If you take the same competency level and set of 'Fighting tools' as MMA and apply the strategies and pressure drills of a focussed self defence system like Krav Maga then that same person doesn't need to break their ingrained habits to strike groins and throats in a violent assault situation, they will also train to be more aware of other factors such as the risk of having your head stomped by the other guy's mates if you get tied up on the ground.

    Far from denigrating MMA and it's obvious applications I was trying to demonstrate there is more to the subject of self defence than MMA training covers. The step from effective MMA to effective self defence is more to do with strategy and application than technique but the difference does exist. It's also a small step compared to the massive leap most martial arts need to take from their training regime to effective self defence.

    I hope that makes more sense.
    I see you're bringing RBSD in the form of Krav into it now and I'd still stick with MMA over any form of RBSD for effectiveness in reality. MMA will prepare you for fighting one inidividual, if you can't do that you cant fight multiple attackers, ****/bust it won't happen, no matter how many scenarios you try and run in a RBSD setting.

    It's the same for protecting others, weapons, not getting stomped etc. This all comes down to adrenaline control and being able to control your immediate environment with force. Again, the adrenaline dump and sudden need for control you'll get from an MMA fight versus a faked scenario in RBSD just doesn't compare.

    Just look at the myriad of street fighting videos on YouTube, more often than not MMA trained guys do very well against situations which according to sport vs street arguments should go against them.
    Ne Obliviscaris

  4. #14
    Kovacs's Avatar
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    Quote Originally Posted by Mogurisu View Post
    Apologies if the old groin and throat line is cliche but there are good reasons why certain techniques are illegal in MMA. Not that a decent MMA fighter isn't effective, but a decent MMA fighter who can employ a more appropriate strategy and is also prepared to cheat is likely to be more effective. But as one of the earlier posters said this is all a fairly simple change in application that could be trained a few times a year in intensive sessions with good scenario simulations to build on a solid MMA foundation. I'd like to find an MMA gym that applies this approach.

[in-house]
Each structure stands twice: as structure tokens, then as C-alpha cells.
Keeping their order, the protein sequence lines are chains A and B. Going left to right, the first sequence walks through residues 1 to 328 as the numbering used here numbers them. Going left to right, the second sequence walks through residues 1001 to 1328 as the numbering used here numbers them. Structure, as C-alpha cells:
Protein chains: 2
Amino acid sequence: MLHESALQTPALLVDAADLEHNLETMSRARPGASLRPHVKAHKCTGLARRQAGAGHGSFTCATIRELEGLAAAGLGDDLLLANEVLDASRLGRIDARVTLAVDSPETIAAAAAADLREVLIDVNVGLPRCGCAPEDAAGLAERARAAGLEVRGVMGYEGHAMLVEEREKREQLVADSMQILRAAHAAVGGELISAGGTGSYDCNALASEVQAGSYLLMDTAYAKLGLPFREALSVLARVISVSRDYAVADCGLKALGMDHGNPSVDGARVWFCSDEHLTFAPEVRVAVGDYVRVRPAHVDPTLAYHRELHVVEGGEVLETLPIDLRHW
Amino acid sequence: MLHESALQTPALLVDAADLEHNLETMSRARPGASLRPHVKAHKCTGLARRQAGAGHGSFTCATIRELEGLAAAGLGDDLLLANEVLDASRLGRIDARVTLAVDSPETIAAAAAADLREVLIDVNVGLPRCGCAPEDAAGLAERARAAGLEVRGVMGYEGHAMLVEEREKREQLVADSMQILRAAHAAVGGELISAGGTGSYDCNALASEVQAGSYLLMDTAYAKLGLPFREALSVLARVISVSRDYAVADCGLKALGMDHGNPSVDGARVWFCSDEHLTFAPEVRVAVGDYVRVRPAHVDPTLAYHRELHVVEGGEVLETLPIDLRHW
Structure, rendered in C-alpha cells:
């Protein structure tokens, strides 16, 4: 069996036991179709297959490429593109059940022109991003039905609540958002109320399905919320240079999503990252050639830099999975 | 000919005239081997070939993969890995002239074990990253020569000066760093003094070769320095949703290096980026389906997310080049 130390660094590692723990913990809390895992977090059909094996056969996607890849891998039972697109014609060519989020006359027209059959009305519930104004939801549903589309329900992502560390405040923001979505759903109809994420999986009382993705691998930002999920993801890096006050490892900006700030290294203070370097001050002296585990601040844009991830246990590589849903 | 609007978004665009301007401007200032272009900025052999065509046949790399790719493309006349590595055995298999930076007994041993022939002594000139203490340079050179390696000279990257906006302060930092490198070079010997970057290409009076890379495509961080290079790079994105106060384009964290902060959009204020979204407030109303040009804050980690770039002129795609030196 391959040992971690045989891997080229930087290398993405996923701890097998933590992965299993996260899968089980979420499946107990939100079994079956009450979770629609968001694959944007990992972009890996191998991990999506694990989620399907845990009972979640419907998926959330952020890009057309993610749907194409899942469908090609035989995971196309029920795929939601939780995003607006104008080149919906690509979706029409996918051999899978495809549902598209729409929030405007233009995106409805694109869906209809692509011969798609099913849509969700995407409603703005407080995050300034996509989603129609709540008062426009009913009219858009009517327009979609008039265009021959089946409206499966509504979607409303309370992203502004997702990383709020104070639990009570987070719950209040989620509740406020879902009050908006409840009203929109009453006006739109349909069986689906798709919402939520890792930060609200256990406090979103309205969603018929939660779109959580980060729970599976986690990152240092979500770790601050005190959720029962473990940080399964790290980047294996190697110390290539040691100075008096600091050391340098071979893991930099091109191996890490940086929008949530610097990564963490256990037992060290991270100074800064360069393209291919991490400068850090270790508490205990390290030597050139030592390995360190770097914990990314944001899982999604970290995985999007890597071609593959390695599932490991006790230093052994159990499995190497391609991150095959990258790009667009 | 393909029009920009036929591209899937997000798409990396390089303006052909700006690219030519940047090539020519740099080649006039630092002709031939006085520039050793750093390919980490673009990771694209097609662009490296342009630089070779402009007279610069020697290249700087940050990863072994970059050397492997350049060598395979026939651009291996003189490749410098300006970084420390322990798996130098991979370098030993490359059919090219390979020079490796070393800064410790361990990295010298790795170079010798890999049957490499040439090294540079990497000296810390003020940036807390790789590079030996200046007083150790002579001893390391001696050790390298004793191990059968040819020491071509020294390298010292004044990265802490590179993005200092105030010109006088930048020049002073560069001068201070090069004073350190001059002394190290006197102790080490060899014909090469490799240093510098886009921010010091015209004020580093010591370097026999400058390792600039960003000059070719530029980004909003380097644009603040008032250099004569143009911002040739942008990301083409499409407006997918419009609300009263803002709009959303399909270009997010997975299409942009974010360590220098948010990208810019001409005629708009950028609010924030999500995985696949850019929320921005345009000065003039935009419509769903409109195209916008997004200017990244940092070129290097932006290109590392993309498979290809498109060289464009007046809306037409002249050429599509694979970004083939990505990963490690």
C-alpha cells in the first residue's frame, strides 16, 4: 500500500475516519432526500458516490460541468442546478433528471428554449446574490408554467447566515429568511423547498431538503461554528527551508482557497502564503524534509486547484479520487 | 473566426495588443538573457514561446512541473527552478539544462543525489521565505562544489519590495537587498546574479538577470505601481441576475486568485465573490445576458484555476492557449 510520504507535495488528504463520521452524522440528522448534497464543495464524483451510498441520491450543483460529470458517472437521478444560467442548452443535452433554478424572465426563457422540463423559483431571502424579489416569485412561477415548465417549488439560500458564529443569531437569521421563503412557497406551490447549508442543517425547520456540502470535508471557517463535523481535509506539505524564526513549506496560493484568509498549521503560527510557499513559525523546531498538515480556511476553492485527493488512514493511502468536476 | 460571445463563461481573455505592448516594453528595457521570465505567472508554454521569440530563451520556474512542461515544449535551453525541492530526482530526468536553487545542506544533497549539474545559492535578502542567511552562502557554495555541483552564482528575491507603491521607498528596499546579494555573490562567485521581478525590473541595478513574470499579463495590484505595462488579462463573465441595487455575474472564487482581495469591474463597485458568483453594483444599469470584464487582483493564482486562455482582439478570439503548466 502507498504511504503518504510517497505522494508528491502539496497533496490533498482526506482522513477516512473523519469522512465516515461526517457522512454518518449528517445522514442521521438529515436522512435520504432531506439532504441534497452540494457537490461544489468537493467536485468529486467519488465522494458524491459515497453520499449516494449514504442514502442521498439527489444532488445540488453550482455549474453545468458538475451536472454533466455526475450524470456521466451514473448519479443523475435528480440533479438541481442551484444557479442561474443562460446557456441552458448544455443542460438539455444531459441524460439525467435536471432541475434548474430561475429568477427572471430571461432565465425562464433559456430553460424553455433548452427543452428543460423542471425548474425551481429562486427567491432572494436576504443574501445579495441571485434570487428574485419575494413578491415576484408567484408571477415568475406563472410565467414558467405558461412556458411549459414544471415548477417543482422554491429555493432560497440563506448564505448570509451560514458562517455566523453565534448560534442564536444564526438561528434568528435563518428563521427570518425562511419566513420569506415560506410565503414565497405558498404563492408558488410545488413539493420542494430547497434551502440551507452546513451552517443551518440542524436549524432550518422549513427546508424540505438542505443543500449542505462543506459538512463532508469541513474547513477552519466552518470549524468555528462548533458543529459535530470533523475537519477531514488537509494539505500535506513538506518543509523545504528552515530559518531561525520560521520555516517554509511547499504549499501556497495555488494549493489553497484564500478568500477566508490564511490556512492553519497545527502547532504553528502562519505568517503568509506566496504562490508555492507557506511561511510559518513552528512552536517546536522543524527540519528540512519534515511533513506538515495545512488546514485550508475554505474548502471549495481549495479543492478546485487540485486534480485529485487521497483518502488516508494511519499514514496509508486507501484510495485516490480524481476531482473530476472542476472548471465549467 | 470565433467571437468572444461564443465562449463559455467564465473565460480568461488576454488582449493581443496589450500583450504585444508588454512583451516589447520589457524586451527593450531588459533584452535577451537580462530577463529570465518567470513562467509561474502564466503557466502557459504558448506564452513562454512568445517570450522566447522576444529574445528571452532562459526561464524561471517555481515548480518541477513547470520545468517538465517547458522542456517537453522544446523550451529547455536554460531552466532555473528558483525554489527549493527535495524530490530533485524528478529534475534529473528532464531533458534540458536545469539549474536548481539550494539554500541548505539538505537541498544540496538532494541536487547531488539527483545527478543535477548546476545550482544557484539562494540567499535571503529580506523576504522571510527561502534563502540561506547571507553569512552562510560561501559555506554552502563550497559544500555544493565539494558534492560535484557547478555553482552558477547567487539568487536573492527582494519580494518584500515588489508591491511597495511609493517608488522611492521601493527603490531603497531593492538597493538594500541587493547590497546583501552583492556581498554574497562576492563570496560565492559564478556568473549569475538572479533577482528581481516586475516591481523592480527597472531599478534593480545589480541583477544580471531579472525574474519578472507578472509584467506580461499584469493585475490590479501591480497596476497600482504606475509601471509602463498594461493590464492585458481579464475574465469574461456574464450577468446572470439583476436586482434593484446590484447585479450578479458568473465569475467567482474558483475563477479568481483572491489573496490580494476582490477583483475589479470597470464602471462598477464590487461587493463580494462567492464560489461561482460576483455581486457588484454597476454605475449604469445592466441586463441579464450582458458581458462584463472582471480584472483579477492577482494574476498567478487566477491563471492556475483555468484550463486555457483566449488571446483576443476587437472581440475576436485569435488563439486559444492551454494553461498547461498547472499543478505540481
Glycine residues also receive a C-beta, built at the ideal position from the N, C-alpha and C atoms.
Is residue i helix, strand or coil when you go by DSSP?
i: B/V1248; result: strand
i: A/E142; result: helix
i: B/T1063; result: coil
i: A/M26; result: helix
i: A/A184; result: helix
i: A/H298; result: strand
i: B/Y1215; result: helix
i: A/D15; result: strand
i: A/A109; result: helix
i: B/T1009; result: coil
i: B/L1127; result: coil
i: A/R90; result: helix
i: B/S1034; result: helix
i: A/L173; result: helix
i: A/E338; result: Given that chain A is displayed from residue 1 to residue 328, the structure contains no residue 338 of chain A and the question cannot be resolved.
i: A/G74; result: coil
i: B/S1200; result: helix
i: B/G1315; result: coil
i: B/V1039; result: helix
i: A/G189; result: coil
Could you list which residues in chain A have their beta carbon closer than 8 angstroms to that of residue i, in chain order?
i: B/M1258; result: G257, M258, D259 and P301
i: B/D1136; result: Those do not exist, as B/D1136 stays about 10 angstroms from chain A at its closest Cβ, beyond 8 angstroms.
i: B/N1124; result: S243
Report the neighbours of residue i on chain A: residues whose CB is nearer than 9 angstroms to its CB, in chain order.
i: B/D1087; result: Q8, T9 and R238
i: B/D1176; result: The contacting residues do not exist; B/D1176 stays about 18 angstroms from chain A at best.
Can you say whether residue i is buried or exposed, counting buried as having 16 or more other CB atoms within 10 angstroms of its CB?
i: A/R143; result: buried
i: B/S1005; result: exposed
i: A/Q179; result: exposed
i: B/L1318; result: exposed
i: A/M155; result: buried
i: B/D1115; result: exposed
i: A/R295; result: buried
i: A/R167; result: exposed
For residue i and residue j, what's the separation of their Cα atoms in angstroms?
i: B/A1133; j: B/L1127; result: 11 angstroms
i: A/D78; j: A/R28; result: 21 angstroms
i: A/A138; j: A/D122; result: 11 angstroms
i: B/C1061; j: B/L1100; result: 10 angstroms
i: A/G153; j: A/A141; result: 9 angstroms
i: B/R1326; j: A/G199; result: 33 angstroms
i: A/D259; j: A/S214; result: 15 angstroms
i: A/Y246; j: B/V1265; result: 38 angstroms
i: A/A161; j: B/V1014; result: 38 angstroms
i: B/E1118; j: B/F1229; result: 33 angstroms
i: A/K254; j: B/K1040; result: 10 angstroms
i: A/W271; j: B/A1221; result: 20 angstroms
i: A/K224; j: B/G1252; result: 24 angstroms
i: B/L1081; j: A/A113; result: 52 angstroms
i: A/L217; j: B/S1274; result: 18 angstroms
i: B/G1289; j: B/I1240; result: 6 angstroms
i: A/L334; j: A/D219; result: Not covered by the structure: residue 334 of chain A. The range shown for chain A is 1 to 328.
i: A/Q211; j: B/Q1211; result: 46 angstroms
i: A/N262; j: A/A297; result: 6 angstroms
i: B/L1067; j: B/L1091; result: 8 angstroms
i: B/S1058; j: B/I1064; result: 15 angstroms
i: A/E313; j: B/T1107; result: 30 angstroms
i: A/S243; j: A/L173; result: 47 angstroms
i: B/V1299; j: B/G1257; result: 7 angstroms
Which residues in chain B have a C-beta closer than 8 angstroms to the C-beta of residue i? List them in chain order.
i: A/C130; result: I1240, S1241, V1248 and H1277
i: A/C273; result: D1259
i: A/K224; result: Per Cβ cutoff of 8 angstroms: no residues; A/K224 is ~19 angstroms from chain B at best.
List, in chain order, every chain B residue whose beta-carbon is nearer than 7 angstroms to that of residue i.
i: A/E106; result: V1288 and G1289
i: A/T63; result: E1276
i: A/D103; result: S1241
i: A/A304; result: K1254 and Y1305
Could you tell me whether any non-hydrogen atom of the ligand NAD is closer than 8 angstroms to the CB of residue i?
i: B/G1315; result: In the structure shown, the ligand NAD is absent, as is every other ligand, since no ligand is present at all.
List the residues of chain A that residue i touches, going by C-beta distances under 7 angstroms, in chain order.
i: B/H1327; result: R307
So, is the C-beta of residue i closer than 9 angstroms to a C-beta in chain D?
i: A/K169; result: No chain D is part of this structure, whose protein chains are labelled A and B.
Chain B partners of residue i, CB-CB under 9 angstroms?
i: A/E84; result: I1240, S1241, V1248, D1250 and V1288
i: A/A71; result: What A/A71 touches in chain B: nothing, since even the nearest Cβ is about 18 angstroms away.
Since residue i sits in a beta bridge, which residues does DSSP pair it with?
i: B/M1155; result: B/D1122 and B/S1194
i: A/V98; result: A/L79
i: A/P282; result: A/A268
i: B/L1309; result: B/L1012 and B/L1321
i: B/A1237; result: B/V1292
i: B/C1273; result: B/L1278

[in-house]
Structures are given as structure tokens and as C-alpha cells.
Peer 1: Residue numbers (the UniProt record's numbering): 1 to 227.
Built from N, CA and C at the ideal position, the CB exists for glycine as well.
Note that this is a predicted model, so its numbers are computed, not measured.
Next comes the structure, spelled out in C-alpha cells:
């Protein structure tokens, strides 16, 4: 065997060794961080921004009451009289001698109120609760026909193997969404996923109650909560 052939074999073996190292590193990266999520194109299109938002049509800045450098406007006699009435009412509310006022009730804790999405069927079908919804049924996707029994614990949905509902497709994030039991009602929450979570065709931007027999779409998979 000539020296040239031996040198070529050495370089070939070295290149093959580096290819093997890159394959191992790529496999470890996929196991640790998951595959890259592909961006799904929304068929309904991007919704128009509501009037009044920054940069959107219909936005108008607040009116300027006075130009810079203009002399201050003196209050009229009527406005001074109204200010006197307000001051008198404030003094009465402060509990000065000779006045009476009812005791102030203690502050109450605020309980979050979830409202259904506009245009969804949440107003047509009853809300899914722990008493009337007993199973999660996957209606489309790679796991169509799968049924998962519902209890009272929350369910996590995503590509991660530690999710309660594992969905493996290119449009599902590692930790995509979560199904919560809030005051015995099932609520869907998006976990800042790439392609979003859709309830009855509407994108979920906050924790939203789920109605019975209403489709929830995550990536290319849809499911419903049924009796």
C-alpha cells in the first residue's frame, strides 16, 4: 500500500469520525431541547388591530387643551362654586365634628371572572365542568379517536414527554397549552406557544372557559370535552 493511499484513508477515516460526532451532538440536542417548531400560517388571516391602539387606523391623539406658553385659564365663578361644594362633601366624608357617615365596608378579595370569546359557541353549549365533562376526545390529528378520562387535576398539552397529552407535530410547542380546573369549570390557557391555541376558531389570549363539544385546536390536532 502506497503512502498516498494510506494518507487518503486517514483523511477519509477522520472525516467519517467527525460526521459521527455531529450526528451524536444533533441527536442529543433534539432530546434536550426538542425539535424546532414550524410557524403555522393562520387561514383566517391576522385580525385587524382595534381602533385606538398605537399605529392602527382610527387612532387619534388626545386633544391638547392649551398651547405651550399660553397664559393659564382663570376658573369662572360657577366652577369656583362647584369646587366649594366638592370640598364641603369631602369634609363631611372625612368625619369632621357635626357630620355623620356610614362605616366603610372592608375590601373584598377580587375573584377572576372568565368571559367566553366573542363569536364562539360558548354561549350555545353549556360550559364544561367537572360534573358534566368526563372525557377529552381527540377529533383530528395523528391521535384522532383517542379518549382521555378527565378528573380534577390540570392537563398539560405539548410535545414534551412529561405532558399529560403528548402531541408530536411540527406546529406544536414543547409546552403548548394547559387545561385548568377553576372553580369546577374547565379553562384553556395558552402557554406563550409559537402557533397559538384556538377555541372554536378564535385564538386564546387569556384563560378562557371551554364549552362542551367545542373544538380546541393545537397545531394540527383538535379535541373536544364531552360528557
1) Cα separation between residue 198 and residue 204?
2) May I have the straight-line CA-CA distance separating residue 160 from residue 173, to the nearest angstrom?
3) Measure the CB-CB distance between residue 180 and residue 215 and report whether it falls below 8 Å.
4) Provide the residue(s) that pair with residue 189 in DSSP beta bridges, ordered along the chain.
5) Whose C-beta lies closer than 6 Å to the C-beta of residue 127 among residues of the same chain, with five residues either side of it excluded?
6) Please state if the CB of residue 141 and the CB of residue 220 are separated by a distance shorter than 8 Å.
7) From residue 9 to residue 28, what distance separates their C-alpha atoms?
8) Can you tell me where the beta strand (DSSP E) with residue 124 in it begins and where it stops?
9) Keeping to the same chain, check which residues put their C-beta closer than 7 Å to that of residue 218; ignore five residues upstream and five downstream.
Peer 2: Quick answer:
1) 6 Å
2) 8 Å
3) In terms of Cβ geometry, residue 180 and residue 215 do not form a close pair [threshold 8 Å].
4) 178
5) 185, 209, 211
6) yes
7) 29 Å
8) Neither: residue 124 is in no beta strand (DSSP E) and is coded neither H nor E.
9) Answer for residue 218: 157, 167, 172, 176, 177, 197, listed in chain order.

You're walking down the 'sport vs street' road, have a read through the site a bit more and you might get a feel for it.

    You don't need to train to cheat or fight dirty, train to win and that option is always there for a competent individual. Paying someone to train you in dirty tactics is just wasting money.
    Ne Obliviscaris

  5. #15
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    Quote Originally Posted by Mogurisu View Post
    Yes, Yes, Yes, Sort of (to blacking out but not quite unconscious) and Yes. I've also been smacked in the bollocks and hit in the throat and occasionally poked in the eyes. Apart from the punch in the face, all of the others generally require you to go to ground, or open the possibility of getting dragged down when you slam. Arguably some joint locks might work/ apply leverage without being on the deck but popping joints usually requires your whole body.

    Ground work gets very messy very quickly when you throw in bollock wrenching and eye gouging or the possibility that the ground is made of concrete and strewn with stones, glass and a lot of other things you don't want to roll on. Of course he can't do much if he's unconscious but my opponents' mates will be ready to kick my head off especially if I appear to be winning. This also becomes more problematic when you have a big difference in size and bodyweight (unless of course you're bigger).

    Apologies if the old groin and throat line is cliche but there are good reasons why certain techniques are illegal in MMA. Not that a decent MMA fighter isn't effective, but a decent MMA fighter who can employ a more appropriate strategy and is also prepared to cheat is likely to be more effective. But as one of the earlier posters said this is all a fairly simple change in application that could be trained a few times a year in intensive sessions with good scenario simulations to build on a solid MMA foundation. I'd like to find an MMA gym that applies this approach.
    You've got to be kidding me, the old "ground is strewn with AIDS infected needles, is hard, etc" trope ?

    You know, MMA has punching, kicking, throwing, joint locks, and ground grappling ?

    The great thing about being skilled in all of those is that you tend to be able to decide where the fight ends up, and if for some reason you end up in a bad position, (slip on banana peel or a used condom?), you will know how/be able to get out of it.

    As far as multiple attackers, that's dicey no matter what, but being well-trained and capable of all those things MMA trains is nothing but a plus when combined with the type of training Michael T. described.

    That plus without alive training with fully resisting training partners and opponents (in competition), you won't know how to handle the stress/adrenaline or physical contact.
    Falling for Judo since 1980

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  6. #16
    BKR's Avatar
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    Quote Originally Posted by Kovacs View Post